The Desert, for me, is a vast, barren land where the extremes of nature are found. As the wind blows, one can quickly be lost in wilderness wanderings, hopefully to emerge with new insights and dreams.
One of the largest Namibian dune areas is called Sossusvlei. It is characterized by enormous sand dunes of vivid pink-to-orange color, an indication of a high concentration of oxidized iron in the sand. The oldest dunes are more intensely reddish and are among the highest in the world, most above 200 meters. The tallest, about 380 meters high, is nicknamed Big Daddy. Although the dune area is a major tourist attraction, its vastness leaves you feeling alone in a formidable land – that is, until you reach “Big Daddy” and “Great Mama” with their international hordes of youth and hikers making their way up the steep sand mountains.
Sossusvlei is actually a salt and clay pan surrounded by hundreds of connected sand dunes in the southern part of the Namib Desert. “Vlei” is the Afrikaans word for “marsh”, while “sossus” is Nama for “no return” or “dead end”. This area was once a drainage basin for the Tsauchab River.
When we helicoptered over this wilderness, the notion of being lost and wandering in the desert for 40 years became plausible. Drop me down there and I would, shy of divine intervention, never find my way out!
The highest and more stable dunes are partially covered with vegetation, watered not only by underground rivers that occasionally flood the pans, but also by the daily morning fog that enters the desert from the Atlantic Ocean. When dry, these pans with their high concentration of salt look almost white in color. The dunes, however, when bathed in the golden light at the edges of day and night, turn bright orange with the shadowed side turning nearly jet black.
Animal and insect life in the Sossusvlei area is relatively abundant. It is mostly comprised of small creatures that can survive with little water, including a number of arthropods, small reptiles and petite mammals such as rodents or jackals; bigger animals include oryxes, springboks and ostriches. Strangely, “fog beetles” have developed a technique for collecting water from early morning fogs through the bumps in their back.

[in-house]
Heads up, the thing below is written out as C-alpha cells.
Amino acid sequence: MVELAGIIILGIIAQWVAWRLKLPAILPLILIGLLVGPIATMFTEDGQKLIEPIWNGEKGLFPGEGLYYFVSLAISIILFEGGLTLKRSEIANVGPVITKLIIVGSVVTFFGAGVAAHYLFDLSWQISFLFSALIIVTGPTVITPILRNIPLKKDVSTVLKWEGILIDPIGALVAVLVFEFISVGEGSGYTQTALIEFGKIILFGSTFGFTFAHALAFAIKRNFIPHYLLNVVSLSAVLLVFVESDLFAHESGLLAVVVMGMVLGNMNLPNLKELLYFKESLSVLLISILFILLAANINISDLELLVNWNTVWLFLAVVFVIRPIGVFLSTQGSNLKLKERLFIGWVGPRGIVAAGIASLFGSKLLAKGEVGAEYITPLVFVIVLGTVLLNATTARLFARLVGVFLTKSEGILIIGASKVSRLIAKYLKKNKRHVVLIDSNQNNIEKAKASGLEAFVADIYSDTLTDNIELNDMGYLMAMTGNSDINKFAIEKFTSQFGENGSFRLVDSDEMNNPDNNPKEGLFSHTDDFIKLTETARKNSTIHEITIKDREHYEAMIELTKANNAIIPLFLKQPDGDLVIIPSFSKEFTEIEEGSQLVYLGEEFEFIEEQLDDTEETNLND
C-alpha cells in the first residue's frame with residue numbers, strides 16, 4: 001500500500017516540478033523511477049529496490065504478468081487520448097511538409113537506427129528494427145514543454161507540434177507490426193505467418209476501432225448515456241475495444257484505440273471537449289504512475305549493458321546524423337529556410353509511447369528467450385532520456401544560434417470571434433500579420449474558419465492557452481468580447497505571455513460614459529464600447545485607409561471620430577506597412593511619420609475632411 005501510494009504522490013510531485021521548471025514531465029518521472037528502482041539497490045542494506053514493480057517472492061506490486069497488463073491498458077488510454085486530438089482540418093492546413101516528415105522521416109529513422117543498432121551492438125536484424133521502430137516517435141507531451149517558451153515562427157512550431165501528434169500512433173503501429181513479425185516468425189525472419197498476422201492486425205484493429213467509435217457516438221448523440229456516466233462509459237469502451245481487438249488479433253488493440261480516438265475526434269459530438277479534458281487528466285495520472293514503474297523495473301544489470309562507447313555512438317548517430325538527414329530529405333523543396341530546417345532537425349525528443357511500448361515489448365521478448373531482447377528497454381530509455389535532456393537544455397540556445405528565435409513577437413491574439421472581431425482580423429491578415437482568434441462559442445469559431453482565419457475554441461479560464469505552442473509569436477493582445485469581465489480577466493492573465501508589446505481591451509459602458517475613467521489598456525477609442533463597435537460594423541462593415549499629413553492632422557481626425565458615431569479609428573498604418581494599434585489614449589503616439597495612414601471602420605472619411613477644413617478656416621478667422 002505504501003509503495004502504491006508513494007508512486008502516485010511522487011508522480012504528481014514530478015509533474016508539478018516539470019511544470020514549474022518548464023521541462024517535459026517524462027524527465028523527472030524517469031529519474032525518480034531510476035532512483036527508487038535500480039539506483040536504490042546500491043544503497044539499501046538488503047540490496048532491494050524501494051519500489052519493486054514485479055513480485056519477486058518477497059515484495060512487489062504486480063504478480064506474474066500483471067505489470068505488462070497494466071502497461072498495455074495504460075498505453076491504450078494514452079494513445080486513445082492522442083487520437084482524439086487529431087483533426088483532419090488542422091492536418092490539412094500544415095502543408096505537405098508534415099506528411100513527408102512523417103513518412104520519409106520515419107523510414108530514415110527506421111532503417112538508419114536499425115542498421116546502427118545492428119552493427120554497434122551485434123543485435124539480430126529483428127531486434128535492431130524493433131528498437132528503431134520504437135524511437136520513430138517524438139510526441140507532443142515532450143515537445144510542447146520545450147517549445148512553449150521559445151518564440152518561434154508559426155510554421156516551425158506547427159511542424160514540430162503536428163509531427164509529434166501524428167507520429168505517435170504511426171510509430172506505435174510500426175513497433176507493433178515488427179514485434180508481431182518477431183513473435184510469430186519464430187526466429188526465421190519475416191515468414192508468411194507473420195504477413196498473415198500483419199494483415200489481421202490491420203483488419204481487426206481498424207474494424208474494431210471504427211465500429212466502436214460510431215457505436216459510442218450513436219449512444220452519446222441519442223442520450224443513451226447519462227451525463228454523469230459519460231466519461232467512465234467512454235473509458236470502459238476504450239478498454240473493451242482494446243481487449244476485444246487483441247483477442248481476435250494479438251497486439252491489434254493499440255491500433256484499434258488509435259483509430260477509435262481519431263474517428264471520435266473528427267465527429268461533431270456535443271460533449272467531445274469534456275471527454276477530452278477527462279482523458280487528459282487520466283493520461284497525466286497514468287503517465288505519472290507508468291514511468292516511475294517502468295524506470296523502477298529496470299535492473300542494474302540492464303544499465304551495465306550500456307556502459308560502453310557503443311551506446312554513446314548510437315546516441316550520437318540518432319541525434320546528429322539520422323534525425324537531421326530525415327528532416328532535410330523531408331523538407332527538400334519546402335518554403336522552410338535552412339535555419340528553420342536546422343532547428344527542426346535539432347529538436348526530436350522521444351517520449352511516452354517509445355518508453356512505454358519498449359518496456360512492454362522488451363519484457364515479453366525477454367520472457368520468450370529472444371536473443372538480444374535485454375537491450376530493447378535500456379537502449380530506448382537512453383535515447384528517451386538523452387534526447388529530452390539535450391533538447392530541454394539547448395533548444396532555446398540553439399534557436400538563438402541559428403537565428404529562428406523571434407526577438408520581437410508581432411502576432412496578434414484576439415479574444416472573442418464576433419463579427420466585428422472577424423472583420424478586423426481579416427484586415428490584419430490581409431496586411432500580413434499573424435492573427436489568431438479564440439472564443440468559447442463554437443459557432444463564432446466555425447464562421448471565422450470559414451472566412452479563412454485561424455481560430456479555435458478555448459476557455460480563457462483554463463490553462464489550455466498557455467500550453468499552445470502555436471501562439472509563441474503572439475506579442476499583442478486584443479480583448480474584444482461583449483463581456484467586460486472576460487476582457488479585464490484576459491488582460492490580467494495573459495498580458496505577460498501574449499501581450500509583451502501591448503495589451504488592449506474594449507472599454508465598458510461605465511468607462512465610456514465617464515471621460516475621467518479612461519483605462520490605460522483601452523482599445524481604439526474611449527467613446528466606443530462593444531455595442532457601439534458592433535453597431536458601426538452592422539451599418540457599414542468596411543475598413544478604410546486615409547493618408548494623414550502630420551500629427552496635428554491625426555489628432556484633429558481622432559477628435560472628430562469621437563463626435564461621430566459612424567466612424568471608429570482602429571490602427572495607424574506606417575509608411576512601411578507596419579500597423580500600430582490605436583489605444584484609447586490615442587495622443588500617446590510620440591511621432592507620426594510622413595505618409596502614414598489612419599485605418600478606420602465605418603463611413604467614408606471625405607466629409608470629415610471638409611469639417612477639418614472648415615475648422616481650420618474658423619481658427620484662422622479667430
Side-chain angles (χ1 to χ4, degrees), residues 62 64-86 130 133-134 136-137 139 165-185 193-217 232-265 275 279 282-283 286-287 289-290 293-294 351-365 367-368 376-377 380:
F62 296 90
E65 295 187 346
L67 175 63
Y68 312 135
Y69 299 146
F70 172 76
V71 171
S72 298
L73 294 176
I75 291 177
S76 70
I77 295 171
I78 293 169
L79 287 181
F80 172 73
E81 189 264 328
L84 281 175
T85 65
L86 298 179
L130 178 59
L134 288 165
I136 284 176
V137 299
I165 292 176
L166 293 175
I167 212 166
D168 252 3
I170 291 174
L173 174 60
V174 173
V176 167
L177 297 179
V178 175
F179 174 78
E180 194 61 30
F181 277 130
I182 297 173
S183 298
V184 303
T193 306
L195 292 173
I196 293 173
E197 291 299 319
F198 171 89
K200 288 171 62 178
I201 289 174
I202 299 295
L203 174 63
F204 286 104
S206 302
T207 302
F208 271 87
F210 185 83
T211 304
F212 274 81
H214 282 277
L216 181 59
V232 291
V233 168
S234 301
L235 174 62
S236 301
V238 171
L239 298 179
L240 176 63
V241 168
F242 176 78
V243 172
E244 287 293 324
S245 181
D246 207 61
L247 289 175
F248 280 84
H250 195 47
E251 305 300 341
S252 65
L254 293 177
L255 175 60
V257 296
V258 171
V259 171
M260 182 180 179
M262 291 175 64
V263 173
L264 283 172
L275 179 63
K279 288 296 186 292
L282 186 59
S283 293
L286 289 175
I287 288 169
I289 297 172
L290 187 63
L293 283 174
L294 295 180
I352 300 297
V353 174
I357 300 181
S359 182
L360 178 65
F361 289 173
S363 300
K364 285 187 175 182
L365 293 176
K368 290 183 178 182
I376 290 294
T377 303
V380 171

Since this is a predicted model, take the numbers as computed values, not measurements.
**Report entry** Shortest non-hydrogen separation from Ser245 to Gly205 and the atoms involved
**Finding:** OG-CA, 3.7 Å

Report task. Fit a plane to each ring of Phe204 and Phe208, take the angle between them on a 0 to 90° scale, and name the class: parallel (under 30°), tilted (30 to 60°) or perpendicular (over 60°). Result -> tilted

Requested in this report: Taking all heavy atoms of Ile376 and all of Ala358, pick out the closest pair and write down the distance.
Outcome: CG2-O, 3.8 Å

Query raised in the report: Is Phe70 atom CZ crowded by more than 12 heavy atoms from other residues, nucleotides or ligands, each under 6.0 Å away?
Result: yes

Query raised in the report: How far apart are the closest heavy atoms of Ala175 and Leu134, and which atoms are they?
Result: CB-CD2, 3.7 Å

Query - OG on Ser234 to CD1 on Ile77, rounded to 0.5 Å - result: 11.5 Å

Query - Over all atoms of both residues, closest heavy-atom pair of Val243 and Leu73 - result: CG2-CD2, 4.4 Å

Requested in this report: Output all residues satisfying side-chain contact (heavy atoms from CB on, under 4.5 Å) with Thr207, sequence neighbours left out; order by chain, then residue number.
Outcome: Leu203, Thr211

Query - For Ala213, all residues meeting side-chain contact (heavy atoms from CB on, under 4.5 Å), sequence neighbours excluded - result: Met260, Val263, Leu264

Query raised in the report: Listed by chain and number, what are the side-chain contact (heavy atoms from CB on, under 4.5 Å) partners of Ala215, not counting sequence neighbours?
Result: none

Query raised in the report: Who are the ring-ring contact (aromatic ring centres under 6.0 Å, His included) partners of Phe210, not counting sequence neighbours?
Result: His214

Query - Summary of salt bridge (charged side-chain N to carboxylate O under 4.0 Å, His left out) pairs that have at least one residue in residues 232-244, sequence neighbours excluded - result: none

At the base of “Big Daddy” and “Great Mama” one finds Deadvlei, a white clay pan that used to be an oasis hosting several varieties of acacia trees. Centuries ago, when the climate changed and drought hit the area, sand dunes encroached on the pan, blocking the river that watered the oasis. The trees died, leaving the white salty floor of the pan punctuated by the blackened, dead acacia trees.
The remaining skeletons of the trees, which are believed to have died between 1340- 1430 CE, are now black because the intense light and heat of the sun has scorched them. Strangely enough, these blackened trees are not petrified, for the wood is so dry it does not decompose. The white pan, the blackened trees, and the intense orange of the surrounding dunes create a particularly fascinating and surrealistic landscape that appears in innumerable pictures and has been used as a setting for films and videos.
Eager to add these recognizable shots to our stock portfolios, we hiked in before sunrise to see the first light illuminate the dunes, but the whole area was socked in with heavy fog. We had no idea that there were even sand dunes surrounding the eerie waterless lake. The mist was mystical, but eventually it gave way to the sun that was by then already fairly high in the sky. Not only were there huge dunes surrounding us, but dozens of people hiking on their berms!
I saw no burning bush but still felt the presence of the Divine One, whispering with the blowing red sands, “I shall be who I shall be.” The Namib Desert has been dancing for over 43 million years, and, although we didn’t do our desert wandering for 40 years or even 40 days, my 40 hours in that environment was still, for me, a vision-filled healing quest from which I emerged into a “promised land.” Don’t skip over your desert journeys, they eventually bring great blessings!